- Project plans
- Project activities
- Legislation and standards
- Industry context
Last edited 17 Aug 2017
Mechanical engineers develop processes and products ranging from small mechanical components to large plant, machinery and vehicles. They are involved in all stages of the project life cycle from design through to testing and final manufacture.
Mechanical engineers may be employed by a variety of sectors including:
- Transportation organisations including road and rail.
- Aerospace and automotive industries.
- Armed forces.
- Oil and gas, including petrochemical industries.
- Government agencies.
- Manufacturing and industrial producers.
- Construction industry.
- Engineering and consultancy firms.
- Medical engineering.
- Research establishments.
- Sports engineering.
The typical activities of mechanical engineers might include:
- Designing and implementing equipment to help reduce costs, and improve reliability, safety and production.
- Developing project specifications.
- Solving problems with manufacturing departments, sub-contractors, suppliers and employers.
- Developing, testing and evaluating designs.
- Ensuring products can be produced consistently.
- Managing projects using engineering principles and techniques.
- Planning and designing new production processes.
- Monitoring and commissioning plant and systems.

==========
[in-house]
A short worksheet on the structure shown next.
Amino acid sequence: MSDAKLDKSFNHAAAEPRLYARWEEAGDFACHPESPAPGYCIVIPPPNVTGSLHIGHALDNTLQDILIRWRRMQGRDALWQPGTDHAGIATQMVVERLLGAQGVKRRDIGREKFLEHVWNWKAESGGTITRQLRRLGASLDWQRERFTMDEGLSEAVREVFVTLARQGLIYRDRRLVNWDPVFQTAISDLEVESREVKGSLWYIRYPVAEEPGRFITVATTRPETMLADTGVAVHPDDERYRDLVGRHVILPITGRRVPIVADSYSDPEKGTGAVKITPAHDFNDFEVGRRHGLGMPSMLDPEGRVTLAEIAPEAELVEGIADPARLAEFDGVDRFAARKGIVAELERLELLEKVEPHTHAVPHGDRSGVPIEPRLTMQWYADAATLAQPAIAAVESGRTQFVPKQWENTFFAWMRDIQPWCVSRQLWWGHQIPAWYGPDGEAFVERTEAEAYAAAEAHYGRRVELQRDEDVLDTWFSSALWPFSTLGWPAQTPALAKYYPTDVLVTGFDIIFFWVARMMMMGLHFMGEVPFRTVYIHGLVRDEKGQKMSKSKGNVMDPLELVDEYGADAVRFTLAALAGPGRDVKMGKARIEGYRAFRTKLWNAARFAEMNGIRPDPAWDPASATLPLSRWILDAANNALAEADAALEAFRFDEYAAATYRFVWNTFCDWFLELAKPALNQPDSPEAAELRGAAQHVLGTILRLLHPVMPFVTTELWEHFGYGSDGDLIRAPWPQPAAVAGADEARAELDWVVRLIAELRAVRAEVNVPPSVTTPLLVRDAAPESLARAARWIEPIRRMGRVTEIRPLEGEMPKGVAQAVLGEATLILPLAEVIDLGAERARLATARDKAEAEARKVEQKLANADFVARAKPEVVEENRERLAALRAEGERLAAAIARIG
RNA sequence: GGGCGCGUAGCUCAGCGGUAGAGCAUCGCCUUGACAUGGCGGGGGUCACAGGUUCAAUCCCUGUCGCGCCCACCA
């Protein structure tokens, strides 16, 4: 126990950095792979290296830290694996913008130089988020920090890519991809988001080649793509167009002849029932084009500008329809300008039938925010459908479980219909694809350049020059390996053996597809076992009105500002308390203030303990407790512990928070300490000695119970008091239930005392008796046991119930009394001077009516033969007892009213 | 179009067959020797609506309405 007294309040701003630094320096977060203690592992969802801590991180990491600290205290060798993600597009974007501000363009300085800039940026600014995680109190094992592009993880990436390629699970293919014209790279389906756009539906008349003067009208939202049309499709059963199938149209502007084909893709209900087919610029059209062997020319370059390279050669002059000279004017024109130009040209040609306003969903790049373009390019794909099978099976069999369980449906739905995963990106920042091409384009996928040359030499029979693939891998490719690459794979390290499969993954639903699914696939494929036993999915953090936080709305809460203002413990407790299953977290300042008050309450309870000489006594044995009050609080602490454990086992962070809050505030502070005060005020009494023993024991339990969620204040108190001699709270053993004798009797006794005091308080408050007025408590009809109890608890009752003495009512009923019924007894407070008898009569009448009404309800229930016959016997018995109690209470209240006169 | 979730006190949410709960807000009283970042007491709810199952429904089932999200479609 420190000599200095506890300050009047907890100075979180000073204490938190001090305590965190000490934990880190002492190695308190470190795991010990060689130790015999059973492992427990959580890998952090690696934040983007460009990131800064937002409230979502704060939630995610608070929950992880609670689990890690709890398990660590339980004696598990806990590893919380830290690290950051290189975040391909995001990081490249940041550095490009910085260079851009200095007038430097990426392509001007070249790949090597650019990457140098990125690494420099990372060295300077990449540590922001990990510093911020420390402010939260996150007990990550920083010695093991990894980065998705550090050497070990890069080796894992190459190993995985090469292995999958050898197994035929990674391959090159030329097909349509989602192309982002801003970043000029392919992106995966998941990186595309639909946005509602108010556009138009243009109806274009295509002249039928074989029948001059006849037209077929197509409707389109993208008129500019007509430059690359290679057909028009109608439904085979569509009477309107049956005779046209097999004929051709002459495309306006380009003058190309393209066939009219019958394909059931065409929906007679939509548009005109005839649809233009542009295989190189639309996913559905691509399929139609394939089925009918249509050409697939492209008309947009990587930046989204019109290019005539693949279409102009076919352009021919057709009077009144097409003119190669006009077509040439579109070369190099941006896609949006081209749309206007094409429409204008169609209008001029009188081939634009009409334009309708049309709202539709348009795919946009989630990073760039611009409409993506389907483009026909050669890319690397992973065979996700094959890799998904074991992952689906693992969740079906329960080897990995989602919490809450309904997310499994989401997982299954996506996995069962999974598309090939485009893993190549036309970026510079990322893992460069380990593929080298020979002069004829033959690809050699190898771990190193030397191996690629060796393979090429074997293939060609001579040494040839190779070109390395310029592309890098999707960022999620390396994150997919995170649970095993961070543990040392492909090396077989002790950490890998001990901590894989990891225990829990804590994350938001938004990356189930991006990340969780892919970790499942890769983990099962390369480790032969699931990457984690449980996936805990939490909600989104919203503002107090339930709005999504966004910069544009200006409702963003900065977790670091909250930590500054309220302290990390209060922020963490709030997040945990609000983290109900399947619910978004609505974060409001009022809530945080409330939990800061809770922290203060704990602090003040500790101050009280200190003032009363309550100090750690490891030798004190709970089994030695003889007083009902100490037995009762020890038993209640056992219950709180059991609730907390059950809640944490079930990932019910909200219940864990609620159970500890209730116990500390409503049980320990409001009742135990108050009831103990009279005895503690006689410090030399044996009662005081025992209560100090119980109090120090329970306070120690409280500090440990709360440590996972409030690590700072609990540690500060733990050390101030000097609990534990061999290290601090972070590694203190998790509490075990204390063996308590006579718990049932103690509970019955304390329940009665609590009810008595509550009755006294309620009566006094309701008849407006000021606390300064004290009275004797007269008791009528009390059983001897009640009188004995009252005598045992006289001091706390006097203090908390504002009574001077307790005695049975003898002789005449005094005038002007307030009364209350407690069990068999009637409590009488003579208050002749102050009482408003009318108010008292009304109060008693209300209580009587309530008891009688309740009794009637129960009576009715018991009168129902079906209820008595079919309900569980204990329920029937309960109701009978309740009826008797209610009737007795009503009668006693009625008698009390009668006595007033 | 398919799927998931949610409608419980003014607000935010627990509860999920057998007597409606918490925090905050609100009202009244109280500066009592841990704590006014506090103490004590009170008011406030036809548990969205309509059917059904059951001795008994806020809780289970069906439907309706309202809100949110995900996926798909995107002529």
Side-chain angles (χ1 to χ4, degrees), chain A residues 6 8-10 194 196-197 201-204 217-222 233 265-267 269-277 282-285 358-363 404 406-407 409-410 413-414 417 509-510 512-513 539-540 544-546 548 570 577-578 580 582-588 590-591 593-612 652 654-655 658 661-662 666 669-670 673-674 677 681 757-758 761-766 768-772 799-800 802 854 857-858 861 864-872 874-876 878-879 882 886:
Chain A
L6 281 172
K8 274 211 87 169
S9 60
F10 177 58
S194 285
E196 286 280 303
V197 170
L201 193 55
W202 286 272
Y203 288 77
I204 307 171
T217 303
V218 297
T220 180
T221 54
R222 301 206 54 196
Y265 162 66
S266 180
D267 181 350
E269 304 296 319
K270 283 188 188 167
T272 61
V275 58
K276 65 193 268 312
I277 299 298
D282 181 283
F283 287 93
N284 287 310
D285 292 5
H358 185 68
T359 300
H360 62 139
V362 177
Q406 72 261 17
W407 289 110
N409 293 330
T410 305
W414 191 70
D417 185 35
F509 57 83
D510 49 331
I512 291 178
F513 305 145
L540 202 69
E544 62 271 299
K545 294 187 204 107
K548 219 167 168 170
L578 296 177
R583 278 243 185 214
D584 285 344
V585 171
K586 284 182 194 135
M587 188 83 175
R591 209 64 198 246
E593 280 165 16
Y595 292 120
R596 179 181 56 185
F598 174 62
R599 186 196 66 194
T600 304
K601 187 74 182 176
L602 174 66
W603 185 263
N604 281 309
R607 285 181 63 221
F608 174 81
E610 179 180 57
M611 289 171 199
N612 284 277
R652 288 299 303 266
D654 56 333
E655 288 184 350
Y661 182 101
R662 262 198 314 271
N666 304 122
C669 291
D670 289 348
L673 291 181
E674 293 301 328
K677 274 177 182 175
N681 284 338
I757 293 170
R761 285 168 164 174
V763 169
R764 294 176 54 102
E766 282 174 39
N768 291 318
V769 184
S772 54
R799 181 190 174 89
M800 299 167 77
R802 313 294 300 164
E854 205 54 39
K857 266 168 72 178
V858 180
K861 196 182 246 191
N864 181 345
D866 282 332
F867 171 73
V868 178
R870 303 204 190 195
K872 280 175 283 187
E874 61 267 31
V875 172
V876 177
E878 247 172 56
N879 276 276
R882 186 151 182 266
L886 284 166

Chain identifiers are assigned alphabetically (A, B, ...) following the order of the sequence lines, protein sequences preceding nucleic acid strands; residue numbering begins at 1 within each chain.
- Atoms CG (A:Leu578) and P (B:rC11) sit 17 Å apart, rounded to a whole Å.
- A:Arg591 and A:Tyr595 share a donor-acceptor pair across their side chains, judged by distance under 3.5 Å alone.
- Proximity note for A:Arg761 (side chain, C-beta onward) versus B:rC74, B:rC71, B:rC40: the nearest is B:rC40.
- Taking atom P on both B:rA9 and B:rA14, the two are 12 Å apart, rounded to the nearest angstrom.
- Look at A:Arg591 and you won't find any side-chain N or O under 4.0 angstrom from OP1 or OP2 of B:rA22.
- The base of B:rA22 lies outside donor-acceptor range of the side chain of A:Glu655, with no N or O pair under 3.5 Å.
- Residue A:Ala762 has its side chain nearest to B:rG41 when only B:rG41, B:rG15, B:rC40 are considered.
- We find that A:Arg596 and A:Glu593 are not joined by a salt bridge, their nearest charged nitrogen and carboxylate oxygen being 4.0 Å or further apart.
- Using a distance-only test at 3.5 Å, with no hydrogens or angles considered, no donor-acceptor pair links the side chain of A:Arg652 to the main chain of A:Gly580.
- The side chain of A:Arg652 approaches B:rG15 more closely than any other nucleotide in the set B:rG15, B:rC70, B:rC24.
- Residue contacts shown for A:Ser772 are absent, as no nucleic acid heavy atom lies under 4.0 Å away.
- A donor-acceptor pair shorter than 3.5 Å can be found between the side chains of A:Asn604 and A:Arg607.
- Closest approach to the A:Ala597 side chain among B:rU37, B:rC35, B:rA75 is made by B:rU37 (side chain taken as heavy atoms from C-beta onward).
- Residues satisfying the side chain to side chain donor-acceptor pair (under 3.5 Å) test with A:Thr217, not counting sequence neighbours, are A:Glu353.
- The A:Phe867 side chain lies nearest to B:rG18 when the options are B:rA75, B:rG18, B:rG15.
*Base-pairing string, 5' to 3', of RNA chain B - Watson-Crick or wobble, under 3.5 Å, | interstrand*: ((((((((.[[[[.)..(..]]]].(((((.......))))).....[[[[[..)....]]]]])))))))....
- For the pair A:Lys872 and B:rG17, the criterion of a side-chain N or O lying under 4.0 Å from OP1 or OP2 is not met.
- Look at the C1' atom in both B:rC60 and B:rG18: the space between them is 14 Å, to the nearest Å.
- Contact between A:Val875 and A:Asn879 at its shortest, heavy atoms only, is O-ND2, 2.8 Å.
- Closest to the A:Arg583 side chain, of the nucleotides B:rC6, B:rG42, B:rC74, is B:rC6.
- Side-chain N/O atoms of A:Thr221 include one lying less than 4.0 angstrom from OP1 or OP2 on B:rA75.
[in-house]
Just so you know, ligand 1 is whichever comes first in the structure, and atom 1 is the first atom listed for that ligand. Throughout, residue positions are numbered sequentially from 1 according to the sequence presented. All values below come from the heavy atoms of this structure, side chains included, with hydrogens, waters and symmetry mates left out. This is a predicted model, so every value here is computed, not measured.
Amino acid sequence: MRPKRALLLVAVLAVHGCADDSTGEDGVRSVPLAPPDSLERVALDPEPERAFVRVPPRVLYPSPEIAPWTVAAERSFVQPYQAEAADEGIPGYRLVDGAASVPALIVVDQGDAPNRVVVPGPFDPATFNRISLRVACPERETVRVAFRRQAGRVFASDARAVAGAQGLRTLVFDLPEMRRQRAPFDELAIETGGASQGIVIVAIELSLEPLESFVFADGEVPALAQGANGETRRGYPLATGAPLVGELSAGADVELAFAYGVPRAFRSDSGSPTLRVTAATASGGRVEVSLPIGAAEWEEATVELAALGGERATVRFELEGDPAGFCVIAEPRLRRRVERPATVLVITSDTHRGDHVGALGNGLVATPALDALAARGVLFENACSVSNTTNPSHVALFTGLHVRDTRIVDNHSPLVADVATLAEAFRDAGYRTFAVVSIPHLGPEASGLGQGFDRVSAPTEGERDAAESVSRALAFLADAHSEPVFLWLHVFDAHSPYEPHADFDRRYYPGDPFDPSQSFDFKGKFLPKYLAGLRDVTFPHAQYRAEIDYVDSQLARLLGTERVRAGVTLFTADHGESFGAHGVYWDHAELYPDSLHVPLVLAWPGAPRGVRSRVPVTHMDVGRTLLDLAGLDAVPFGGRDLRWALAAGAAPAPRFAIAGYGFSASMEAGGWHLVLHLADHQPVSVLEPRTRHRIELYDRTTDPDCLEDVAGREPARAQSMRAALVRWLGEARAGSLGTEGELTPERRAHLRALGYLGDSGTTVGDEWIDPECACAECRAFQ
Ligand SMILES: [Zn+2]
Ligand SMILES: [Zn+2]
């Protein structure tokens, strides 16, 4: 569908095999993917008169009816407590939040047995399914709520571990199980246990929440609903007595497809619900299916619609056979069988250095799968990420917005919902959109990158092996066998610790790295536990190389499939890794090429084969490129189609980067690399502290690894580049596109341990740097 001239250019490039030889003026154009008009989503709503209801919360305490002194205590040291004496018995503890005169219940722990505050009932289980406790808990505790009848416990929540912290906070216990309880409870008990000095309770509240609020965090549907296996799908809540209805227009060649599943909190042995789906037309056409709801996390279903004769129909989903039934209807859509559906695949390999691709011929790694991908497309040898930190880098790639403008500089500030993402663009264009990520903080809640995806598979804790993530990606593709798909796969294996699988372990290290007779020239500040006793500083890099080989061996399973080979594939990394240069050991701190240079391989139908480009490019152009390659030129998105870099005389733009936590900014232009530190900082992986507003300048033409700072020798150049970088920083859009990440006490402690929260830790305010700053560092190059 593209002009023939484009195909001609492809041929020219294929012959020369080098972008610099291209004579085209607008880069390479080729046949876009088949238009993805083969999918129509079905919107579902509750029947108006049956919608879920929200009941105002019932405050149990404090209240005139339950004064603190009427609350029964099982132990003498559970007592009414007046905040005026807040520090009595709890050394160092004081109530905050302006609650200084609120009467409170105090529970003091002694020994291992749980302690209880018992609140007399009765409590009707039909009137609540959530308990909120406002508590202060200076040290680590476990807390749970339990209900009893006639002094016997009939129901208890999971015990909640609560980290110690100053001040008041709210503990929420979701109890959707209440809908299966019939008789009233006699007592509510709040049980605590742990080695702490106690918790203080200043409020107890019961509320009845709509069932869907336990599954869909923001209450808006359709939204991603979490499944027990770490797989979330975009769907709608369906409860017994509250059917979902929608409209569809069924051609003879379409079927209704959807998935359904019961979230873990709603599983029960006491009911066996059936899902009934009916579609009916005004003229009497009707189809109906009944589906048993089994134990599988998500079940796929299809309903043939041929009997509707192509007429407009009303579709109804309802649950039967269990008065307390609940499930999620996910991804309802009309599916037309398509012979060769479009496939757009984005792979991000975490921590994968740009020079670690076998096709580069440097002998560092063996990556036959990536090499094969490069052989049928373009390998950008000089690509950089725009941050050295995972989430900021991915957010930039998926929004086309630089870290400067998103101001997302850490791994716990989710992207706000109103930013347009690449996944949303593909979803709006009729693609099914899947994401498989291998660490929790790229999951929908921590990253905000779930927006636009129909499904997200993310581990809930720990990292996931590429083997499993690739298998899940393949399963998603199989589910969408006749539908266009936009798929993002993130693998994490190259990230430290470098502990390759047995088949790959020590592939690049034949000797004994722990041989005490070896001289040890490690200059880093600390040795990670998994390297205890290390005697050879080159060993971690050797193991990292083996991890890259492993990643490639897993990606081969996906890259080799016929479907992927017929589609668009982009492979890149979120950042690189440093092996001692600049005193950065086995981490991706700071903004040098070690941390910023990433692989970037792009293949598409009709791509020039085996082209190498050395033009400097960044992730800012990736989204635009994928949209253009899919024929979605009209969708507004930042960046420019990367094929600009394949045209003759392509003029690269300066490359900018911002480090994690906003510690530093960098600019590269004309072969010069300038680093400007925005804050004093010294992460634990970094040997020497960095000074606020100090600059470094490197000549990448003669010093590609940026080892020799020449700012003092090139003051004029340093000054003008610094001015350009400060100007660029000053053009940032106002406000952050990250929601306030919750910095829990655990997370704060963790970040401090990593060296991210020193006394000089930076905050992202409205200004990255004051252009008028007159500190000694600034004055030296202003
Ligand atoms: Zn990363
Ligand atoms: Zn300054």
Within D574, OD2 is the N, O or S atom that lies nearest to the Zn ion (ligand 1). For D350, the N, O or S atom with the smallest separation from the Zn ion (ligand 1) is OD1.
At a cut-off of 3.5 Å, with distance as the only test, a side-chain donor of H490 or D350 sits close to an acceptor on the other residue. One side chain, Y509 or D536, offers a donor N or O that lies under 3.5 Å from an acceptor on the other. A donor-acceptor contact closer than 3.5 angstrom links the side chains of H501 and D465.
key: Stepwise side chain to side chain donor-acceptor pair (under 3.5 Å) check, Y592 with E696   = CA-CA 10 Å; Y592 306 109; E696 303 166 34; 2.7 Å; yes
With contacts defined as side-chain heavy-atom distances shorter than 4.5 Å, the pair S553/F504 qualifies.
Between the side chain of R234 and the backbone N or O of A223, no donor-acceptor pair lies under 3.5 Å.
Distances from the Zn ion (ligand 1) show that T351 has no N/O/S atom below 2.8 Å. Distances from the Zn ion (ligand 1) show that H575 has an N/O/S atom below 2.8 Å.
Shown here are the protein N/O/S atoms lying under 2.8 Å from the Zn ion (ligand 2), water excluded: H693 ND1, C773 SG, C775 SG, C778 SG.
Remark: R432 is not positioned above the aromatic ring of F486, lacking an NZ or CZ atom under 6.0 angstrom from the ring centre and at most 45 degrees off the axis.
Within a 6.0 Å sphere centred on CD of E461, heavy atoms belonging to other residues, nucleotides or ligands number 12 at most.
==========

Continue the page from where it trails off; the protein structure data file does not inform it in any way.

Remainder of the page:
- Developing designs.
- Recommending modifications following testing.
- Working in multi-disciplinary project teams.
Generally a degree is required in an engineering discipline such as:
- Mechanical engineering.
- Aeronautical engineering.
- Agricultural engineering.
- Engineering science.
- Computer-aided engineering.
- Manufacturing engineering.
- Nuclear engineering.
A relevant professional body will support career progression, such as the Institution of Engineering and Technology (IET) or the Institution of Mechanical Engineers. In order to become a chartered engineer (CEng), postgraduate qualifications are often required. It is possible to become an incorporated engineer (IEng) with a degree level qualification.
To see some of the modules studied as part of an engineering degree course, see Construction engineering management course essentials.
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